In the alternative, Elite argued that Canada had waived strict compliance with the notice provisions of the contract by various dilatory conduct, [20] including the “extensive time” Canada took for the approval of certain Change Orders, although Elite acknowledged that the contract did not specify a timeline for the approval of Change Orders. Elite also relied on Canada allegedly permitting it to complete work outside of the terms of the contract in the absence of a formal Change Order, which Elite characterized as an example of Canada waiving strict compliance with the contract.[21]

However, the Court ultimately agreed with Canada with respect to the waiver and notice issues.

With respect to notice, the Court stated:[22]

[Elite] was required to put its best foot forward on this summary judgment motion brought by Canada. Its argument that a deeper dive into the evidence would reveal the elusive [contractual] notice that it purportedly sent must be rejected. The “grumblings of a contractor” are not sufficient to constitute notice[.] The purpose of the notice period benefits both parties but importantly gives the owner the opportunity to determine its options. […] It is not surprising that, if [Elite] was entitled to more compensation, it would have to adhere to the contractual provisions set out in the public-tender contract for this large scale project. Canada was able to demonstrate that there is no issue requiring a trial and the action should be dismissed.”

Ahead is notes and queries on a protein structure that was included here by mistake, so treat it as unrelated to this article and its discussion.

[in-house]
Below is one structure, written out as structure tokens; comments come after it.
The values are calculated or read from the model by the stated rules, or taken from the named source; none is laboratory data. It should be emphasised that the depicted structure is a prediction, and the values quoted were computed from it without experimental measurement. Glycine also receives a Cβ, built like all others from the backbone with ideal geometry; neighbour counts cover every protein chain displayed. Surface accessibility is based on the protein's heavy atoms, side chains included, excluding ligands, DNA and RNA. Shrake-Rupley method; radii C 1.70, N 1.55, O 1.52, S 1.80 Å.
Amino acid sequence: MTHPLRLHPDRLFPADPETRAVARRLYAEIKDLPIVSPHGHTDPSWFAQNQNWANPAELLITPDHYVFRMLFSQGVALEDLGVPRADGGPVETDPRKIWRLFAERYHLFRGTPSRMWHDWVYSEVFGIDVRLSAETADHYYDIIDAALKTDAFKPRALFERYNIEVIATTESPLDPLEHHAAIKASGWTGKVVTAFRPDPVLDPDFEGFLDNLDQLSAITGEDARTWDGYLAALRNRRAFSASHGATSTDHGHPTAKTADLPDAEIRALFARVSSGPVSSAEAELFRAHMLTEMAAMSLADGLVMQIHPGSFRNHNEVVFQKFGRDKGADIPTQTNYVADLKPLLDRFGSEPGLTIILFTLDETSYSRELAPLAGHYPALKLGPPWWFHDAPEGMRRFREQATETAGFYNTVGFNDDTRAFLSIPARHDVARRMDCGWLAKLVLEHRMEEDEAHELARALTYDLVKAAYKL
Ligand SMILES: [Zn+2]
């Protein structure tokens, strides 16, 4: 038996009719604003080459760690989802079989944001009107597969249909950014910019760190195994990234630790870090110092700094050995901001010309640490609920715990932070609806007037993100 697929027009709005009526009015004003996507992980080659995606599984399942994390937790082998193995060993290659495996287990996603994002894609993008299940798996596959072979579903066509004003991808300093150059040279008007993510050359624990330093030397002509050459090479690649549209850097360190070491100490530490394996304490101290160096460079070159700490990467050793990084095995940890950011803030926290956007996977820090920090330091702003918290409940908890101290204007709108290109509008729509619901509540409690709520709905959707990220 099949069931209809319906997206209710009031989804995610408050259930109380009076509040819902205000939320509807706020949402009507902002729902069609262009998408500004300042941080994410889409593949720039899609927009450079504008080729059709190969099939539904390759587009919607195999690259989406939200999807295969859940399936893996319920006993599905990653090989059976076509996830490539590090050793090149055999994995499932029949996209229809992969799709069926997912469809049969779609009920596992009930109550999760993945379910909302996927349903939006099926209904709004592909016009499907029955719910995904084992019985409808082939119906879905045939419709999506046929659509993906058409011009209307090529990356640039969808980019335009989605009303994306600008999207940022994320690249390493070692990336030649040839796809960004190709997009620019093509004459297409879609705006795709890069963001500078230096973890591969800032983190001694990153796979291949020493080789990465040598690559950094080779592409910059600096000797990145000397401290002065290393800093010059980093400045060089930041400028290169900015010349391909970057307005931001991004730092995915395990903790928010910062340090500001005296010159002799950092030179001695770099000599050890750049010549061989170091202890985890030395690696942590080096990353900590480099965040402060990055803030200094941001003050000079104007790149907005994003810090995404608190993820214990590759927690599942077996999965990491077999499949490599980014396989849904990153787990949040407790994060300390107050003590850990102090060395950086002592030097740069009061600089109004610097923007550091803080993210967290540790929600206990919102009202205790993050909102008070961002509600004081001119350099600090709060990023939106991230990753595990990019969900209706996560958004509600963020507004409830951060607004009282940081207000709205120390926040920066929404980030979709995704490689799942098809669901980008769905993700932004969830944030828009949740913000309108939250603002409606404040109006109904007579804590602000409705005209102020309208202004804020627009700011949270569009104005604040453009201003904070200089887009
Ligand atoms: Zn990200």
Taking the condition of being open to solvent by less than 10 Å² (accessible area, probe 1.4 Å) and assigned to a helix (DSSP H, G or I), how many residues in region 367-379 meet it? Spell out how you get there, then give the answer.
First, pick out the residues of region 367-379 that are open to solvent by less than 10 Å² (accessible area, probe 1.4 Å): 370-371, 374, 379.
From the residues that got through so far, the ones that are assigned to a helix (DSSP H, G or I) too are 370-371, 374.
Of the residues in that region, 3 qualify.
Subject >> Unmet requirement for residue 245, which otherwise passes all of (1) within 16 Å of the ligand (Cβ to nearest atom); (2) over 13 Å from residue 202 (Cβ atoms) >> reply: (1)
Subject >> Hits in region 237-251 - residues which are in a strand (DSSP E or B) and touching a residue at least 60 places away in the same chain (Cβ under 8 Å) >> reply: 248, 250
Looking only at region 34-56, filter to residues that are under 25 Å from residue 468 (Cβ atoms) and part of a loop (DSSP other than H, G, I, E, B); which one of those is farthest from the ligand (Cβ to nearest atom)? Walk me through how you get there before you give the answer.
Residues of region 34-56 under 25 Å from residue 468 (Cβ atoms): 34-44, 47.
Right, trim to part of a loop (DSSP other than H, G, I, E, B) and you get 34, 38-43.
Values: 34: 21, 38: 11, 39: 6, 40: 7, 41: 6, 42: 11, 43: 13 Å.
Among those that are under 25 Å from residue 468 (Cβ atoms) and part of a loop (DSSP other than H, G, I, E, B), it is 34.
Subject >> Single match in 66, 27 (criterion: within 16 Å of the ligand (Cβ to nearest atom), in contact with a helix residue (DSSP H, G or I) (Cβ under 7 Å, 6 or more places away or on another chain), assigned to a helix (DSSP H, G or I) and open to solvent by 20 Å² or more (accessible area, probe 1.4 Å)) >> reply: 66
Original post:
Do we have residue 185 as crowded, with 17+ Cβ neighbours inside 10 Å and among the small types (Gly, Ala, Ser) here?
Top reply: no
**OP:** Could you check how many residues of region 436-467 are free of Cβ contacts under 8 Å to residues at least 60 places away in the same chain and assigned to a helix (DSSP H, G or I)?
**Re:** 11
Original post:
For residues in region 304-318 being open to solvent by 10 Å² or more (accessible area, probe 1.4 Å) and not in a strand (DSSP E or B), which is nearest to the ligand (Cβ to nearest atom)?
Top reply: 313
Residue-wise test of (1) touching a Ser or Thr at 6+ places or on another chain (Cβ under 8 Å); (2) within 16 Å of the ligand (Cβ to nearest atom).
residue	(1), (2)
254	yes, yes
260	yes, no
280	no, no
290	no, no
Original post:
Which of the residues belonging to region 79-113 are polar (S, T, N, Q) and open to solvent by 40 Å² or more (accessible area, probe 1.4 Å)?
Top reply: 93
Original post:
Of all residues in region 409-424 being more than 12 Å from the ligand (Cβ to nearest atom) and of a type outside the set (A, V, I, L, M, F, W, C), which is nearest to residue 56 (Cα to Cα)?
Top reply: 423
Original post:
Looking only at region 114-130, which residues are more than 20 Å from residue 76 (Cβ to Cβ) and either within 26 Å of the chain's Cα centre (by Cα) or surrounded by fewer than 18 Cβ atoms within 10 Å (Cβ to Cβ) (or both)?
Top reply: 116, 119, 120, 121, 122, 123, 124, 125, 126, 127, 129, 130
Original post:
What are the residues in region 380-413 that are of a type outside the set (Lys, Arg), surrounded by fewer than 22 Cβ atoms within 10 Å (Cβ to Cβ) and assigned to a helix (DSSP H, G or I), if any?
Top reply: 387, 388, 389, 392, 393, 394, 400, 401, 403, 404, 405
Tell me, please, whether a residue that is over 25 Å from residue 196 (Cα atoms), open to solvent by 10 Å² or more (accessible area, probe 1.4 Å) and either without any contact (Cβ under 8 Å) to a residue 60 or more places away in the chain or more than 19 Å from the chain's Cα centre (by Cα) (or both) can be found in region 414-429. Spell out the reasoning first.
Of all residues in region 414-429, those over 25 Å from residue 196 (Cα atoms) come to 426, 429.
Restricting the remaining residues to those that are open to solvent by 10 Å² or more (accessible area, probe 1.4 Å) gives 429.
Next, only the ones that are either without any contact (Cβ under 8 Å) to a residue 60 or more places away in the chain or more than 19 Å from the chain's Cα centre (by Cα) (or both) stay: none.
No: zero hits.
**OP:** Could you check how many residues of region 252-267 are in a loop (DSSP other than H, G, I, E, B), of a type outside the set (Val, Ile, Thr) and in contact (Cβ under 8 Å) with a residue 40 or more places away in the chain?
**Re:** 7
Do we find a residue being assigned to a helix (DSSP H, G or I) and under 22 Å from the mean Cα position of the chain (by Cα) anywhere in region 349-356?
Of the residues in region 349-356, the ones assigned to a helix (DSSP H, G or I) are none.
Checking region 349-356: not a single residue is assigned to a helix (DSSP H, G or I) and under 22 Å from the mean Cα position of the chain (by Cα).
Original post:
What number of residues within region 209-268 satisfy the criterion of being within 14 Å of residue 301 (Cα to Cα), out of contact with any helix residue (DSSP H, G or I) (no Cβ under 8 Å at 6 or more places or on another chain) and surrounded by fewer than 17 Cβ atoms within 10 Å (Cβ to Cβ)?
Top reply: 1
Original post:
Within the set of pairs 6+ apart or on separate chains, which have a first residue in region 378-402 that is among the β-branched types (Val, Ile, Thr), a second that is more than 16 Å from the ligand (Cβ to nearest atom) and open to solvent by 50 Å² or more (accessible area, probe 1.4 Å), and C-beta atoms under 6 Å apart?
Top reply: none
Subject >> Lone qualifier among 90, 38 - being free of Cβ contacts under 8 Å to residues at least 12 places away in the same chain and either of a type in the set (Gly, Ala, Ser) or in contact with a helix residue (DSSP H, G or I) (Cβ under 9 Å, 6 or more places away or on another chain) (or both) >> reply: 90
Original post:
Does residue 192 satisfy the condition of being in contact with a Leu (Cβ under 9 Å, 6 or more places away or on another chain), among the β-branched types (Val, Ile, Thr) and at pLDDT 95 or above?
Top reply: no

With respect to waiver, the Court rejected Elite’s arguments and noted that it had “not satisfied its burden of demonstrating that Canada had a full knowledge of some deficiency that might be relied upon by [Elite], an unequivocal and conscious intention to abandon the right to rely on it, and that Canada, by its conduct, communicated this to [Elite]”.[23] The Court also noted a provision of the contract which provided, in any event, that the failure of either party to require performance by the other party of any particular provision was not to affect the right of that party to thereafter enforce that provision.[24]

Accordingly, as in Tower Restoration, summary judgment was granted and Elite’s claim was dismissed on the motion.

Discussion and Implications

The above decisions are a signal from the Courts that it will enforce contractual notice provisions where the circumstances warrant their enforcement. Each case is fact-dependant but applicable notice provisions will not be lightly set aside. Accordingly, in both of these cases, claims were dismissed at the summary judgment stage.